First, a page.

By: Rick Wade –
Last month I joined Earvin “Magic” Johnson to watch the Los Angeles Clippers and Golden State Warriors at the Staples Center, and I became immersed in the excitement of a great NBA game.
My excitement would later turn into disappointment and anger as a result of the controversial statements made by Clippers owner Don Sterling.
All of his statements are troubling, but his most recent — that Magic Johnson hasn’t done anything to help the black community — is just dead wrong.
That Sterling — who has until May 27 to respond to the NBA’s charges and efforts to terminate his ownership rights — equates help with handouts shows his flawed and outdated understanding of charity and philanthropy. While Sterling gave an inconsequential amount of cash to the L.A. chapter of the NAACP to help dilute his well-documented record of racism, Magic used his millions to bring economic development to struggling black communities, to create businesses and jobs, to encourage black entrepreneurship and to inspire other black businessmen and businesswomen to invest in inner cities.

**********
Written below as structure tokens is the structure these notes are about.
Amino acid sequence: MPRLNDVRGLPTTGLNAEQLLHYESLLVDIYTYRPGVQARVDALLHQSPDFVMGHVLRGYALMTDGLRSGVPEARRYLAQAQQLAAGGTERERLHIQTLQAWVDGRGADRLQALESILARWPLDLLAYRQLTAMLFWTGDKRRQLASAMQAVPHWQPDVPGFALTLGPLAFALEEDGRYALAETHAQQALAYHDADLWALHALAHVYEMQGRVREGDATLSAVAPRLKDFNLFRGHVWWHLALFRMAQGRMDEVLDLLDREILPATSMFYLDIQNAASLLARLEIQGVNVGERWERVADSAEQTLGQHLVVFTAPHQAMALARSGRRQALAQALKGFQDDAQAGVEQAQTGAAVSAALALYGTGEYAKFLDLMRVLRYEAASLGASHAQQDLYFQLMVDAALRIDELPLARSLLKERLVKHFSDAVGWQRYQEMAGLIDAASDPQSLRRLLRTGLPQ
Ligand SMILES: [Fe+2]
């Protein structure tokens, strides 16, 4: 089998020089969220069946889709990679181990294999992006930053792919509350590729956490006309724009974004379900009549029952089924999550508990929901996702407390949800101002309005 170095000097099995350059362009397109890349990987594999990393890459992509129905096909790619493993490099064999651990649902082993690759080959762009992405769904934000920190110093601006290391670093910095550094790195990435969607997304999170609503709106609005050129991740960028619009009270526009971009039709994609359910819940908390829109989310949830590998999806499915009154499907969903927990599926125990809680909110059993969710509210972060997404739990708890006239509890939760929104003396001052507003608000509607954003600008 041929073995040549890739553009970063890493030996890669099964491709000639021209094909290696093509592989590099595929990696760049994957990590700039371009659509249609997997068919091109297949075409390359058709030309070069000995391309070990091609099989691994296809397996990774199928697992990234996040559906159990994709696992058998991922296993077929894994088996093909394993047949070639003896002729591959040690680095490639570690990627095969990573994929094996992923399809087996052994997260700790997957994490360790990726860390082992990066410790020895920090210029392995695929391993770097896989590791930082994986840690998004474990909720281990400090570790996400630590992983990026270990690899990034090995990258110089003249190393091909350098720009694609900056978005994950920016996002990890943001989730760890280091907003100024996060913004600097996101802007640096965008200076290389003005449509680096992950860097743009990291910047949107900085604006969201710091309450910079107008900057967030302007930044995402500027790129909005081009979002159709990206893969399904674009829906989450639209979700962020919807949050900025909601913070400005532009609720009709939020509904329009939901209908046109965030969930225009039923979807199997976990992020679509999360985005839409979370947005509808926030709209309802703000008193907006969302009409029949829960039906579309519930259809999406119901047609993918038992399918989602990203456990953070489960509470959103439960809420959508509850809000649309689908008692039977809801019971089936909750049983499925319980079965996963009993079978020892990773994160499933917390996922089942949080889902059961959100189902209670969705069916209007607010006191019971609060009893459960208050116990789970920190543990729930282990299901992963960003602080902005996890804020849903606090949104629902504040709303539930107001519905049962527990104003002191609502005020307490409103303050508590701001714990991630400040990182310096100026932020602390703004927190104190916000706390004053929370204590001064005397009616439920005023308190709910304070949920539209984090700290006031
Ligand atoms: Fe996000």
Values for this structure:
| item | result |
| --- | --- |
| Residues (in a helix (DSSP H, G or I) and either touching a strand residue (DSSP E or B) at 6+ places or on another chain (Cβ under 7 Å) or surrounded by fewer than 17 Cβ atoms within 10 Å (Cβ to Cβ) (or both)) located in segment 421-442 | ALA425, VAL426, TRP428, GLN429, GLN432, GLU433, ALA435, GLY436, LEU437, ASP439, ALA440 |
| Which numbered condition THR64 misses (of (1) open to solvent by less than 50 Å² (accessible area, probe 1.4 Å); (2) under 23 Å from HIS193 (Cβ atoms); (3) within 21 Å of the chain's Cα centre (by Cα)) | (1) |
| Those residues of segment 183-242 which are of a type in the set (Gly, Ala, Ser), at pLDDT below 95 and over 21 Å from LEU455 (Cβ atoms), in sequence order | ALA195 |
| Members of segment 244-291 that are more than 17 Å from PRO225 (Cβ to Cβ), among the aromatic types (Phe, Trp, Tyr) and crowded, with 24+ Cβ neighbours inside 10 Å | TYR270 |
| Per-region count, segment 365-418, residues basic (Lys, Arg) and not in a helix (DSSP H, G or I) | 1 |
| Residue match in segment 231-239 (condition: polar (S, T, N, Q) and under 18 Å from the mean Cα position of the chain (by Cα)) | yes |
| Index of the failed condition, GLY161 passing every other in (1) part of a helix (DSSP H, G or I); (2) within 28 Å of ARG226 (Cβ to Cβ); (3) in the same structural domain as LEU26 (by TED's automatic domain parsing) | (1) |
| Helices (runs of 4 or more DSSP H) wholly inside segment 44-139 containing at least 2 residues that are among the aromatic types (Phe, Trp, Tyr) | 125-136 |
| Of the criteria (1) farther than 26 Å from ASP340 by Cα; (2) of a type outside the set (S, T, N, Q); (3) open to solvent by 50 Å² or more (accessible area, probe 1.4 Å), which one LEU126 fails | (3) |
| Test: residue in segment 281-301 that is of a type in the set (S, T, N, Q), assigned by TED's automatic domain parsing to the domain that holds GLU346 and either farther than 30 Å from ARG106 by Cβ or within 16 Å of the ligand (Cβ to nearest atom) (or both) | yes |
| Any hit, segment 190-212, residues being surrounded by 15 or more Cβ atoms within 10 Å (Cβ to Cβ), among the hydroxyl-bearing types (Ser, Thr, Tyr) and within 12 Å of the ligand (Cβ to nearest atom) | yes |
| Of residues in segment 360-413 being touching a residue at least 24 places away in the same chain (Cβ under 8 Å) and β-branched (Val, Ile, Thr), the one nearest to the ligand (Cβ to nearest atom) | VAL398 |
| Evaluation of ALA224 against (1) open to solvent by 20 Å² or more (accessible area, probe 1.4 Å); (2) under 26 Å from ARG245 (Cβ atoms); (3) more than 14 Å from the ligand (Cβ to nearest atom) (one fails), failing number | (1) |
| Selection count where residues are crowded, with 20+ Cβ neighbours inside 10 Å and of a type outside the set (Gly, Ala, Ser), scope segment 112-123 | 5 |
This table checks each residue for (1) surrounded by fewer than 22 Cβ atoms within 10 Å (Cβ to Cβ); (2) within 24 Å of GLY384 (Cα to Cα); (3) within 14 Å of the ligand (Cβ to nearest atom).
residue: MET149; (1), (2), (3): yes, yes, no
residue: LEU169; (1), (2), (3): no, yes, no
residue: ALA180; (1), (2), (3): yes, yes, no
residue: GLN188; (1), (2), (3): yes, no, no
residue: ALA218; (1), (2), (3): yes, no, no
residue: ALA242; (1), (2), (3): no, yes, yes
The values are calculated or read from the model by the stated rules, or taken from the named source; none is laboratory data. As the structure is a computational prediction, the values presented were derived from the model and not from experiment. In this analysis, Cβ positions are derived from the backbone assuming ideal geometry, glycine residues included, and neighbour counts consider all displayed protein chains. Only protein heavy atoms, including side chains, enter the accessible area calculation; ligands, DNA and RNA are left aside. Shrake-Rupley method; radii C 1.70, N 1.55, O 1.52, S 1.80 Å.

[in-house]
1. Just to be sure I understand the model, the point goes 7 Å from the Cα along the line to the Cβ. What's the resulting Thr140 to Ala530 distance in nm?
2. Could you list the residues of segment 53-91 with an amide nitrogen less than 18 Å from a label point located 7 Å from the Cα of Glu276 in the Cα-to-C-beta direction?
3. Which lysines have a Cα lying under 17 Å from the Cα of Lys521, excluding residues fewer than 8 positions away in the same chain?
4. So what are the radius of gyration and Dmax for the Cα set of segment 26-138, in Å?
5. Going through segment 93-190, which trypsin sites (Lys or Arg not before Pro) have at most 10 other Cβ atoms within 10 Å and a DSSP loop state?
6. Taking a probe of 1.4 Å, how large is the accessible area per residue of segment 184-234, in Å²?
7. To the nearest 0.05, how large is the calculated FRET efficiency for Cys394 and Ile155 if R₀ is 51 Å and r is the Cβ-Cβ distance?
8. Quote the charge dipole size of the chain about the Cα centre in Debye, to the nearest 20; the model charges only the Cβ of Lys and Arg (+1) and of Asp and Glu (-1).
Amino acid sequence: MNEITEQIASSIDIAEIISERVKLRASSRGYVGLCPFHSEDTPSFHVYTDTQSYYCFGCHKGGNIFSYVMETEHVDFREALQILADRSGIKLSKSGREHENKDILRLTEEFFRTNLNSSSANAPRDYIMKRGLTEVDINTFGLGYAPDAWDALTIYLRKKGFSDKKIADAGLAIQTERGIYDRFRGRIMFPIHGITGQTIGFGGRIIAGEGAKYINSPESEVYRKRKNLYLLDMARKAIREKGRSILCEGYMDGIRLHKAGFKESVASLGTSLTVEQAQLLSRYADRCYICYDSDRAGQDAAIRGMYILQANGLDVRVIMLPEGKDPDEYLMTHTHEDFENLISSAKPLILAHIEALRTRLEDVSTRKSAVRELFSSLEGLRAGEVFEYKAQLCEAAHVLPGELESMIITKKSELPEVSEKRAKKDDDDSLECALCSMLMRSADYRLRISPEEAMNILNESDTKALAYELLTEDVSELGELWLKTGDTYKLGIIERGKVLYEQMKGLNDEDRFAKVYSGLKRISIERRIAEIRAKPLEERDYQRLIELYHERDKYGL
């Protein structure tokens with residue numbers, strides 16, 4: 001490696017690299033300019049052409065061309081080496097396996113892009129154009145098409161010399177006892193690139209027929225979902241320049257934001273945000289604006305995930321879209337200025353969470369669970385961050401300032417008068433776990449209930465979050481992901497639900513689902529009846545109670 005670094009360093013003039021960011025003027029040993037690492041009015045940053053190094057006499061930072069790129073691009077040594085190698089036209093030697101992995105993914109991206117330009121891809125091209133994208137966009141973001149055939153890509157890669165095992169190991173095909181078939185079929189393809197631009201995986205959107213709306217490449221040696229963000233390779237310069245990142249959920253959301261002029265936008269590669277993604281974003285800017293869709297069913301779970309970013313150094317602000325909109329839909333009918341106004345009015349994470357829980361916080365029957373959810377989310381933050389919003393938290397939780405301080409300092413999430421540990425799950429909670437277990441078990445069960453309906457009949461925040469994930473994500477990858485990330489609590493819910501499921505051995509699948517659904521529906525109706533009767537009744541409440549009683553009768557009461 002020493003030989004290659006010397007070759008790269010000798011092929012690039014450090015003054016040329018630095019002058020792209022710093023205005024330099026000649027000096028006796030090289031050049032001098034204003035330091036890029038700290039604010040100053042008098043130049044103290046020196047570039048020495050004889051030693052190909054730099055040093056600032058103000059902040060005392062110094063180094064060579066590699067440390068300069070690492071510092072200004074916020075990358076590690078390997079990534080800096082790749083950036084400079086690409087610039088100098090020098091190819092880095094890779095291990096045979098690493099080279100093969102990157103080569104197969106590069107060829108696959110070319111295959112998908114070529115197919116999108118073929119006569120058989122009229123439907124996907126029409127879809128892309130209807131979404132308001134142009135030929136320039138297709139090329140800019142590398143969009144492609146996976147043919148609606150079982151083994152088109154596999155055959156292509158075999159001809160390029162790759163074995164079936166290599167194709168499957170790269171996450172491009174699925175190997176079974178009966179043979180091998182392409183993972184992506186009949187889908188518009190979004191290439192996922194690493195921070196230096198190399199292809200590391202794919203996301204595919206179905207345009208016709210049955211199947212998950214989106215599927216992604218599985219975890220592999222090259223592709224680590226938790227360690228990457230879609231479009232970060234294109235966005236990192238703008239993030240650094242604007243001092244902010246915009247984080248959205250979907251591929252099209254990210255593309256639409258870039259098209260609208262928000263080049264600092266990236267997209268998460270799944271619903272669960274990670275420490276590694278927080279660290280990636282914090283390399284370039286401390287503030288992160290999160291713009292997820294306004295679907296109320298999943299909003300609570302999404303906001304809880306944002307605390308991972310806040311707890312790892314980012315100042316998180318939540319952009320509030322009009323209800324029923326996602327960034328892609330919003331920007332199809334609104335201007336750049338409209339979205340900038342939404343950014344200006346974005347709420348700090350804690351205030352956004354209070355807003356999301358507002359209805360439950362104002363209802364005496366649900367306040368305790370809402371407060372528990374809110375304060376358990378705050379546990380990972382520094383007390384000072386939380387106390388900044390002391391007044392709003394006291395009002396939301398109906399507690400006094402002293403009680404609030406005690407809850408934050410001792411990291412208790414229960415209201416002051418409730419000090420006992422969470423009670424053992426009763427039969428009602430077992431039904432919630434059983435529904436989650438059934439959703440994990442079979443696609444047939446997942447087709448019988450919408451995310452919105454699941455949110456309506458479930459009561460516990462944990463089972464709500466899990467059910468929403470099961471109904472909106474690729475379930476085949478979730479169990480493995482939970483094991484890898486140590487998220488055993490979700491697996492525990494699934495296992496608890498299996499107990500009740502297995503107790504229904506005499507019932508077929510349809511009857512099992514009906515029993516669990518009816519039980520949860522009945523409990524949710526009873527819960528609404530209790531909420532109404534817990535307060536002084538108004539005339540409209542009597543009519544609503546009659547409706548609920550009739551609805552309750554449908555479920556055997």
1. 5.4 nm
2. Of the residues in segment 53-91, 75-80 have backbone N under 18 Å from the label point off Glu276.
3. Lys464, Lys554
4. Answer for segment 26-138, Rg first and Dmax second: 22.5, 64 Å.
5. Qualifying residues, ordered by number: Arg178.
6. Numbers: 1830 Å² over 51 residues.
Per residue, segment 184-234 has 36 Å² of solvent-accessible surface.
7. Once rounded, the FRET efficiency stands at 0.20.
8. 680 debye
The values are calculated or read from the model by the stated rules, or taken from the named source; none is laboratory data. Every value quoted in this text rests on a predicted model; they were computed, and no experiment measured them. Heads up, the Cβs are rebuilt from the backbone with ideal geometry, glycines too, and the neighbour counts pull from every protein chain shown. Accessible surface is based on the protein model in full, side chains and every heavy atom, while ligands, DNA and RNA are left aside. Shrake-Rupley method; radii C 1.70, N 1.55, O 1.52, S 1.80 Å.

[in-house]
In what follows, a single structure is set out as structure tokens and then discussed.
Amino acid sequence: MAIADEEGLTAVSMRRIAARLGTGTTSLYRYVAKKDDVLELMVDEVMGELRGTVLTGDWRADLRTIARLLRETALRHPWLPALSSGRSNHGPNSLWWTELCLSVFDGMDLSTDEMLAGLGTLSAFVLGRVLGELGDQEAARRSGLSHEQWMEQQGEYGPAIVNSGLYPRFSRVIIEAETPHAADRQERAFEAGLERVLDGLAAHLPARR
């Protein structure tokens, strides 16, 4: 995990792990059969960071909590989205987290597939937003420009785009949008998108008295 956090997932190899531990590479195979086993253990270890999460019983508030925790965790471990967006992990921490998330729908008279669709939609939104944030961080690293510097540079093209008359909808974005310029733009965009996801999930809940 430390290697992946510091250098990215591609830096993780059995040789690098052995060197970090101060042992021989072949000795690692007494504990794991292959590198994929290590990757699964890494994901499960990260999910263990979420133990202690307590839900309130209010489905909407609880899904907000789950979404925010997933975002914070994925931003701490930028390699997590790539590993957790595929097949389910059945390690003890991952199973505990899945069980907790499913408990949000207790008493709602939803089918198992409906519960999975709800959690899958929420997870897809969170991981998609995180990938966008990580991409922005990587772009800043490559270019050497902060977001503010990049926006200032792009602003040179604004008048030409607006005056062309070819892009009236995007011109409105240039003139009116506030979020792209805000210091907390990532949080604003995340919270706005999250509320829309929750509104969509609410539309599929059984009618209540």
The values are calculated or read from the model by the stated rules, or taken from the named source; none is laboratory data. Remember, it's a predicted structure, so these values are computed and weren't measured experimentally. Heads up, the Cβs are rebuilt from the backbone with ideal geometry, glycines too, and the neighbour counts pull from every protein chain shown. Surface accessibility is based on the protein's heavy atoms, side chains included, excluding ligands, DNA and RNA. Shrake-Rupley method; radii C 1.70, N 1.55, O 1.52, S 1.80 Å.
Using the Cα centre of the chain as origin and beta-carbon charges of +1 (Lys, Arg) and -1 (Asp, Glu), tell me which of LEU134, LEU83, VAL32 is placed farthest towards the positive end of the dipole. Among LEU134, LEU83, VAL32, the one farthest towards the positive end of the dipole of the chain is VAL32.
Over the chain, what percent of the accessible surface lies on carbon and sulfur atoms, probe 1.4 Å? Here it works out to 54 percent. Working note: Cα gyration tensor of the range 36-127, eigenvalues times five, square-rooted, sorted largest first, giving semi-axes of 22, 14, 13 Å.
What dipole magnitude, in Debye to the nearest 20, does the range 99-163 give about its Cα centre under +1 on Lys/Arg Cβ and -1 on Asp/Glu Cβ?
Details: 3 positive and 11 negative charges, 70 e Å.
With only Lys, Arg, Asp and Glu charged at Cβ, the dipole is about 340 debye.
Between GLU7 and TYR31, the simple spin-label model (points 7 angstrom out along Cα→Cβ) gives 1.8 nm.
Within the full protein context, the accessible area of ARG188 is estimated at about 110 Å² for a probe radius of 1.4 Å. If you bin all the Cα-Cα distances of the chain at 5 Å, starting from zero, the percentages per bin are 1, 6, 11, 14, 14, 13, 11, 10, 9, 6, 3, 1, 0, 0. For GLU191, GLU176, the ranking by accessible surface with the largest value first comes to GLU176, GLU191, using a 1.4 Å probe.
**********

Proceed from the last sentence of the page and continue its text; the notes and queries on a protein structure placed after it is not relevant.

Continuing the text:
The protracted discourse this country has been having about race and the NBA offers a real opportunity to foster a more long-term solution to the economic disparity in black communities.
The NBA and players should work together to create more pathways to team ownership and more business opportunities across the league’s supply chain for African-Americans and other minorities. This would be good not only for the league and players, but for minority businesses, fans, and the many youngsters who aspire to 888Sport careers. I can’t think of a better person to help lead such efforts than Magic.
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About Rick Wade
Rick C. Wade is an entrepreneur, former deputy chief of staff for the secretary of commerce, and recently dropped out as a candidate for a U.S. Senate seat in South Carolina. You can follow him on Twitter @RickCWade. The opinions expressed in this commentary are solely those of the author.
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